“Brussels-led AI regulatory project seems unequal to the risks posed by the breakthrough of tools like ChatGPT” – Le Monde

“Brussels-led AI regulatory project seems unequal to the risks posed by the breakthrough of tools like ChatGPT” – Le Monde

For some, ChatGPT is the first form of universal artificial intelligence (AI). We can ask him anything, simply about a question that we would ask a (human) expert in the subject matter if he were in front of us. He will answer you like him. For others, it’s a happy combination of two proven AI algorithms: conversational robots (chat) combined with an aggregation of all the web’s content by 2021. So, inevitably, for every question asked, there will be content somewhere on the web that answers the matter, transformed into a conversation.

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Unlike the expert, ChatGPT doesn’t understand the importance of what he’s telling you: ask him a controversial question and if that’s the case the designers paid less attention to him learning to reject the wrong thing, you’ll find you stand a liar who answers you with the confidence of a psychopathic con artist. From one time to another he can answer everything and its opposite.

Because he doesn’t understand what he’s saying, ChatGPT is dangerous. ChatGPT could inflate the bogus content it ingests from the web if its responses are reinjected back onto the web by its users as legitimate content. What a magnificent poisoning of the internet, at the fingertips of conspirators of all stripes!

The Abandoned Web?

But it can also destroy the Google model: why waste time researching to answer a question when ChatGPT already has the solution? It is also rumored that Bing, competitor of Google’s search engine, will very soon combine chatGPT with its search tool. It is then the idea of ​​the web that takes a hit when ChatGPT becomes widespread: Why still access the web when an intermediary has already visited everything before you to answer all your questions? Is the web doomed to become a desert?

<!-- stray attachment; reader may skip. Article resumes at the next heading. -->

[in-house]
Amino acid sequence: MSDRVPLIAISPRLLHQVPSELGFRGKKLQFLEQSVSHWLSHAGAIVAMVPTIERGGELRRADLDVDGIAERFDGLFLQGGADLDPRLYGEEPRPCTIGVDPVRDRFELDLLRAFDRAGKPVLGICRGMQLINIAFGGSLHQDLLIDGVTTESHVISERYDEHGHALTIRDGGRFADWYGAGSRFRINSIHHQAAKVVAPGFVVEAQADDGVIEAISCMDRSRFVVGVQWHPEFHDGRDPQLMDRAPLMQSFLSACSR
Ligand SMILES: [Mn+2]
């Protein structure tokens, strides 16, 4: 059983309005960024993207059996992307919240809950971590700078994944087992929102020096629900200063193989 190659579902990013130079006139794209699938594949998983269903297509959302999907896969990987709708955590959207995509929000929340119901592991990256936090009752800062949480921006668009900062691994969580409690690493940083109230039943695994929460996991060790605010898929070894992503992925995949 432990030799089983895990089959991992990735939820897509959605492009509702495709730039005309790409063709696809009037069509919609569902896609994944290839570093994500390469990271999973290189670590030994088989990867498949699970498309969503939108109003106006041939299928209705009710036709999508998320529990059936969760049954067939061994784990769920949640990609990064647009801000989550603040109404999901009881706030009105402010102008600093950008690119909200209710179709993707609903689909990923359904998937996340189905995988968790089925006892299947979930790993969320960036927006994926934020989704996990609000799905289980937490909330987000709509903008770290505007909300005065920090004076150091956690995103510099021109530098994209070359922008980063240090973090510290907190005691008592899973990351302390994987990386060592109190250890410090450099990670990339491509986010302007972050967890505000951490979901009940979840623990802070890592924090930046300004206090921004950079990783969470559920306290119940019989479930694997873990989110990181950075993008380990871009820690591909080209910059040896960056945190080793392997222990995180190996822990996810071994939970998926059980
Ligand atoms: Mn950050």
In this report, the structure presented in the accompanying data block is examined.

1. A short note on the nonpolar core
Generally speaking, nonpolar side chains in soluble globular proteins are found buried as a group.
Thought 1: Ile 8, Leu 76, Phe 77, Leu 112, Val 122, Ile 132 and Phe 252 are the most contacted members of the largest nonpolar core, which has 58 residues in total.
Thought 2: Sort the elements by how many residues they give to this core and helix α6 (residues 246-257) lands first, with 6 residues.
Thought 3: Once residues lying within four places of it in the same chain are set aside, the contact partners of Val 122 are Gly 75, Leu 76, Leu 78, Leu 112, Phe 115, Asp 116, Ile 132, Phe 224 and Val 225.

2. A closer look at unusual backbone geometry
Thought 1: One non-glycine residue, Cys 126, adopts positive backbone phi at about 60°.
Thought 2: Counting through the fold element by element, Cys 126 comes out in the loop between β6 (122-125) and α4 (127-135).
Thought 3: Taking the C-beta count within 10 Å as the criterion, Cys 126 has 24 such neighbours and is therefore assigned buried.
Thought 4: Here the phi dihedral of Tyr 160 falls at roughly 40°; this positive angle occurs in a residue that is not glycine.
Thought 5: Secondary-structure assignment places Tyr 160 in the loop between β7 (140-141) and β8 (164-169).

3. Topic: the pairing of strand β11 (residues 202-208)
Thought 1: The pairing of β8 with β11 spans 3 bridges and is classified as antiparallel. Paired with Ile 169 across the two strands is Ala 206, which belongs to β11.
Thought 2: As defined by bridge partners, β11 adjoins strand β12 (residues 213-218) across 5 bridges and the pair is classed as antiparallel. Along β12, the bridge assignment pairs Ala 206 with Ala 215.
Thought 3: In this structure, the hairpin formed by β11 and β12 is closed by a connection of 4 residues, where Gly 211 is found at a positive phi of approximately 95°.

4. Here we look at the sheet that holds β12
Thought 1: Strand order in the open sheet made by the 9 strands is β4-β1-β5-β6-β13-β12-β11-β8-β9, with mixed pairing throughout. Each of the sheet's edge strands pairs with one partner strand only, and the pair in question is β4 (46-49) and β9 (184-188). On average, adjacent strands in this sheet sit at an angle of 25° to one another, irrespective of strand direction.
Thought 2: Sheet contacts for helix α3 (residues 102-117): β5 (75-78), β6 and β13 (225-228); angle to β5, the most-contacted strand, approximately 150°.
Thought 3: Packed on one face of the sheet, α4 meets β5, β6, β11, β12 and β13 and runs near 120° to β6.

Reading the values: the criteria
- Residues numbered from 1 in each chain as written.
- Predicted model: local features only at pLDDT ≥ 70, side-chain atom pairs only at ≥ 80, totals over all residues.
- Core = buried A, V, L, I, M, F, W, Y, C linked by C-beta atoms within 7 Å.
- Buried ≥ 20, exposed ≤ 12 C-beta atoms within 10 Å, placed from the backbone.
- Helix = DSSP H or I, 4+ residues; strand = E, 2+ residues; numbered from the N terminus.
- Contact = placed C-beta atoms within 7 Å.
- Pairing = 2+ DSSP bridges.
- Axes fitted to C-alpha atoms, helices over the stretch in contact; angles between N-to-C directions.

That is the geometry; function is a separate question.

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However, the AI ​​(Artificial Intelligence Act) regulation project being carried out by the Commission does not seem up to the risks posed by the breakthrough of tools like ChatGPT. This regulation classifies all AI applications into several categories depending on their degree of danger.

First, there is “forbidden” AI, which employs subliminal techniques outside of the consciousness of the person who is their object. It can cause him mental or physical harm. Forbidden AI is also one that exploits or influences the behavior of a group of people based on their age, physical or mental health. It is also the AI ​​that assigns a social score and leads to differentiated treatment. Anything that is biometric recognition in public space will also be banned within the framework of AI, except when it comes to locating crime victims or missing children, when it comes to averting an imminent and significant threat to life or physical health of persons or of a terrorist attack and when it comes to detecting, locating, identifying or prosecuting a criminal.

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